Show simple item record

dc.contributor.advisorNoor, Jawwaden_US
dc.contributor.authorZhang, Chien_US
dc.date.accessioned2020-03-02T14:09:00Z
dc.date.available2020-03-02T14:09:00Z
dc.date.issued2019
dc.identifier.urihttps://hdl.handle.net/2144/39594
dc.description.abstractThis dissertation consists of two essays on social interactions and one exploring the application of machine learning. The first chapter develops a game-theoretic model of favor exchange where one can request indirect favors through a chain of contacts in a network. I study the cooperative behavior fostered by potential collective sanctions, provide a full characterization of “renegotiation-proof” networks and propose a robustness refinement. When the maximum length of contact chains is larger than 3, only star-shaped (i.e. highly centralized) networks achieve highest robustness. I provide empirical evidence of higher centrality in social networks from exploring network data from Indian rural villages. The second chapter studies whether there could be an evolutionary basis for discrimination against traits that are irrelevant to payoff. This study shows that discriminatory behaviors can be derived from non-discriminatory preferences. Each period the population is updated by a deterministic payoff-based update rule and incurs stochastic mutations. Without traits, in the long-run equilibrium agents coordinate on the risk dominant action. When traits are present and subject to change by population update and mutation, the long-run equilibria become the set of Pareto-efficient equilibria, among which a trait can be eliminated from the population and agents choose different actions based on opponent's trait. In an alternative setting where traits cannot mutate or be adjusted and another inferior location is introduced, there exists an update rule that will lead to the Pareto-inefficient outcome where both locations are populated. The third chapter focuses on techniques to predict health outcomes at the census tract level and utilizes Machine Learning methods to reduce overfitting that traditional methods suffer from due to the large number of variables used. This study demonstrates how extensive data on social-demographic characteristics can be used to improve health outcome predictions relative to the previous literature that mostly focuses on using health-related variables. Using survey data from 2010 to 2015, I compare various regularization methods tuned by cross-validation by out-of-sample metrics and obtain high quality estimators of regional prevalence of 12 chronic diseases.en_US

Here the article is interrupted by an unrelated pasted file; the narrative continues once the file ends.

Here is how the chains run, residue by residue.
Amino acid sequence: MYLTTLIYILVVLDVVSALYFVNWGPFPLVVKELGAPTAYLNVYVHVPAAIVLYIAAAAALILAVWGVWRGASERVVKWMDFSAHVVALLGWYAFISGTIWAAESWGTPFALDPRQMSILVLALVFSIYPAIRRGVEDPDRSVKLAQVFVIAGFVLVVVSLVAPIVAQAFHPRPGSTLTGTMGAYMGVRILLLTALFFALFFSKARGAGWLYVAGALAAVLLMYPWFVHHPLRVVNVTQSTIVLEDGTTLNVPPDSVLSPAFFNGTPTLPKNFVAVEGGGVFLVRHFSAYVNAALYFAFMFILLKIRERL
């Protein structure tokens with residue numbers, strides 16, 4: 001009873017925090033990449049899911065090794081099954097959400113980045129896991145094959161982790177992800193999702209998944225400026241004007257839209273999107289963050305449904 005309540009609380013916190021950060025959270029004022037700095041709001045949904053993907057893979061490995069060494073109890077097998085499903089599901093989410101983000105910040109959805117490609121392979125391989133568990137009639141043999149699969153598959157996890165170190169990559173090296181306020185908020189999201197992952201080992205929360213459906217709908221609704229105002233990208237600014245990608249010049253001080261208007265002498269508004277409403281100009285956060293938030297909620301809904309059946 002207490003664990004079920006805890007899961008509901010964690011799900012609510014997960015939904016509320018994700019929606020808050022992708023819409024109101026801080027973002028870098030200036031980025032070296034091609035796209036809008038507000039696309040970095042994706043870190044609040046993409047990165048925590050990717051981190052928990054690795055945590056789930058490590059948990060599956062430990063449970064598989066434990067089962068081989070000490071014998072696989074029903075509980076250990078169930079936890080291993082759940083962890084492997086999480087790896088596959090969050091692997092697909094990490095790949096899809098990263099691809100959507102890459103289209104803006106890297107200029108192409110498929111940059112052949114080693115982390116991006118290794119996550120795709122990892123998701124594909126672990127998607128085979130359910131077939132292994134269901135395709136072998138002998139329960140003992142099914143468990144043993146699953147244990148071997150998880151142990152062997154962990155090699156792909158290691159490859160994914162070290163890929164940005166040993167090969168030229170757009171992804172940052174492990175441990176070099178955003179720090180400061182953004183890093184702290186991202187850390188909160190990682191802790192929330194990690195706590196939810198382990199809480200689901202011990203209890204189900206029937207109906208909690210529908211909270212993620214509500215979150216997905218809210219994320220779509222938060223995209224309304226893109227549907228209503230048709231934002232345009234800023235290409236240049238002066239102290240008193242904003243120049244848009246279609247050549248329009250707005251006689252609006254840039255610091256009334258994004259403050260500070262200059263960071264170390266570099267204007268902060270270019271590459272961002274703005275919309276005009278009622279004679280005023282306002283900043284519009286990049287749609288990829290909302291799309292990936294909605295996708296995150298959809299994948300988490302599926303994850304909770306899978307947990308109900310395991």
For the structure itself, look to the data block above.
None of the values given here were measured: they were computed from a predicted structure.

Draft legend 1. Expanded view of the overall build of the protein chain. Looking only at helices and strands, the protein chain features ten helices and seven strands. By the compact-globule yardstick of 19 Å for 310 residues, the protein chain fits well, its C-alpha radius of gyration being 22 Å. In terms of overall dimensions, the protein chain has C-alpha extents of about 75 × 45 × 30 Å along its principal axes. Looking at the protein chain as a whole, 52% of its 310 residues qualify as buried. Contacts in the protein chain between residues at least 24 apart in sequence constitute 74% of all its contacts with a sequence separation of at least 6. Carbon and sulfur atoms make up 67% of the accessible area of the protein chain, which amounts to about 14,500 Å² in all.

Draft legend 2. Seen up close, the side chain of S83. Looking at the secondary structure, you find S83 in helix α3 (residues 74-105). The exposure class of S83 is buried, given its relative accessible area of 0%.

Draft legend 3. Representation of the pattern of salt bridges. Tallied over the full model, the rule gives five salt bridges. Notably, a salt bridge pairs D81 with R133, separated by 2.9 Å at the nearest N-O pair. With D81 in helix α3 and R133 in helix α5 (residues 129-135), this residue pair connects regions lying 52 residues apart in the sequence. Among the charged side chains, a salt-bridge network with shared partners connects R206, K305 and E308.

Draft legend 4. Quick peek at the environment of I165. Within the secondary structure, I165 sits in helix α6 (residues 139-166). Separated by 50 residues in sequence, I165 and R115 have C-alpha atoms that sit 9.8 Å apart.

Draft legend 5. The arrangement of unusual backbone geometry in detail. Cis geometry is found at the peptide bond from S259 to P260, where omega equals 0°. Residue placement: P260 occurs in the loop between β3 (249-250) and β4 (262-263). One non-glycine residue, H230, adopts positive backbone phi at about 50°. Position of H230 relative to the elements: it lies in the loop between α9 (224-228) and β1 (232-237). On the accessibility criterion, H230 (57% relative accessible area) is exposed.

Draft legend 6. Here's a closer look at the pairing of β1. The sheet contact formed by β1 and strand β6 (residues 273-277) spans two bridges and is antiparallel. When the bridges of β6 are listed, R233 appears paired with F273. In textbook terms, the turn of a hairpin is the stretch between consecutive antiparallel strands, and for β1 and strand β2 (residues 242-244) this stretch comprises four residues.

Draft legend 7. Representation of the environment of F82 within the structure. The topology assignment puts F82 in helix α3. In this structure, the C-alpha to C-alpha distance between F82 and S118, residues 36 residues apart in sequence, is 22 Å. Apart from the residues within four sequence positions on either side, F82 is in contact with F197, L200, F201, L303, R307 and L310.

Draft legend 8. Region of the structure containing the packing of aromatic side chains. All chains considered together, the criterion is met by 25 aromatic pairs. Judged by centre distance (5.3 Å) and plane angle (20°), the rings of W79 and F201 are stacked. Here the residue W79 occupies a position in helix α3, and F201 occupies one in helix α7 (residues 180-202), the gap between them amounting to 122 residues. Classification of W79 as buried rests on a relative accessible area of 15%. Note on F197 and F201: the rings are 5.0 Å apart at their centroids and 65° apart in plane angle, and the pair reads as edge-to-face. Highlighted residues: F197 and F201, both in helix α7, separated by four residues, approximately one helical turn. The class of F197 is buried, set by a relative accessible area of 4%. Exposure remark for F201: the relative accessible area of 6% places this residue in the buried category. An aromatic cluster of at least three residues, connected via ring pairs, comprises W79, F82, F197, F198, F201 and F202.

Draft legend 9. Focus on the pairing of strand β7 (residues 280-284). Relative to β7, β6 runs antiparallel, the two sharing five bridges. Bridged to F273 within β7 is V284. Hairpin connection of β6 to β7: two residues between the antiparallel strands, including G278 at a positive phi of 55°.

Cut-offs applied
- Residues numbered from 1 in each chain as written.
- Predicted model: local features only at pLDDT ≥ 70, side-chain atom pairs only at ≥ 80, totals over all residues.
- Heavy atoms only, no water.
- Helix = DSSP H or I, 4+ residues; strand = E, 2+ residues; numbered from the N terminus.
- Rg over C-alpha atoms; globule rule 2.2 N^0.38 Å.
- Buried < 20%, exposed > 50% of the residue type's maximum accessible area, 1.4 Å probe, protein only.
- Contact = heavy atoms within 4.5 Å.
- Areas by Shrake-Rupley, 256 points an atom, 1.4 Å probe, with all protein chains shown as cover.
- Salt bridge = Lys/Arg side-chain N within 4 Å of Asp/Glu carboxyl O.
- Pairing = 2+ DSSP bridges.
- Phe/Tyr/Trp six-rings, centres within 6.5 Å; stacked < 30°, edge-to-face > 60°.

dc.language.isoen_US
dc.subjectEconomicsen_US
dc.subjectEvolutionary game theoryen_US
dc.subjectFavor exchangeen_US
dc.subjectMachine learningen_US
dc.subjectSocial networken_US
dc.titleEssays on social dynamics and application of machine learningen_US
dc.typeThesis/Dissertationen_US
dc.date.updated2020-02-24T20:02:16Z
etd.degree.nameDoctor of Philosophyen_US
etd.degree.leveldoctoralen_US
etd.degree.disciplineEconomicsen_US
etd.degree.grantorBoston Universityen_US
dc.identifier.orcid0000-0003-4069-7925


This item appears in the following Collection(s)

Show simple item record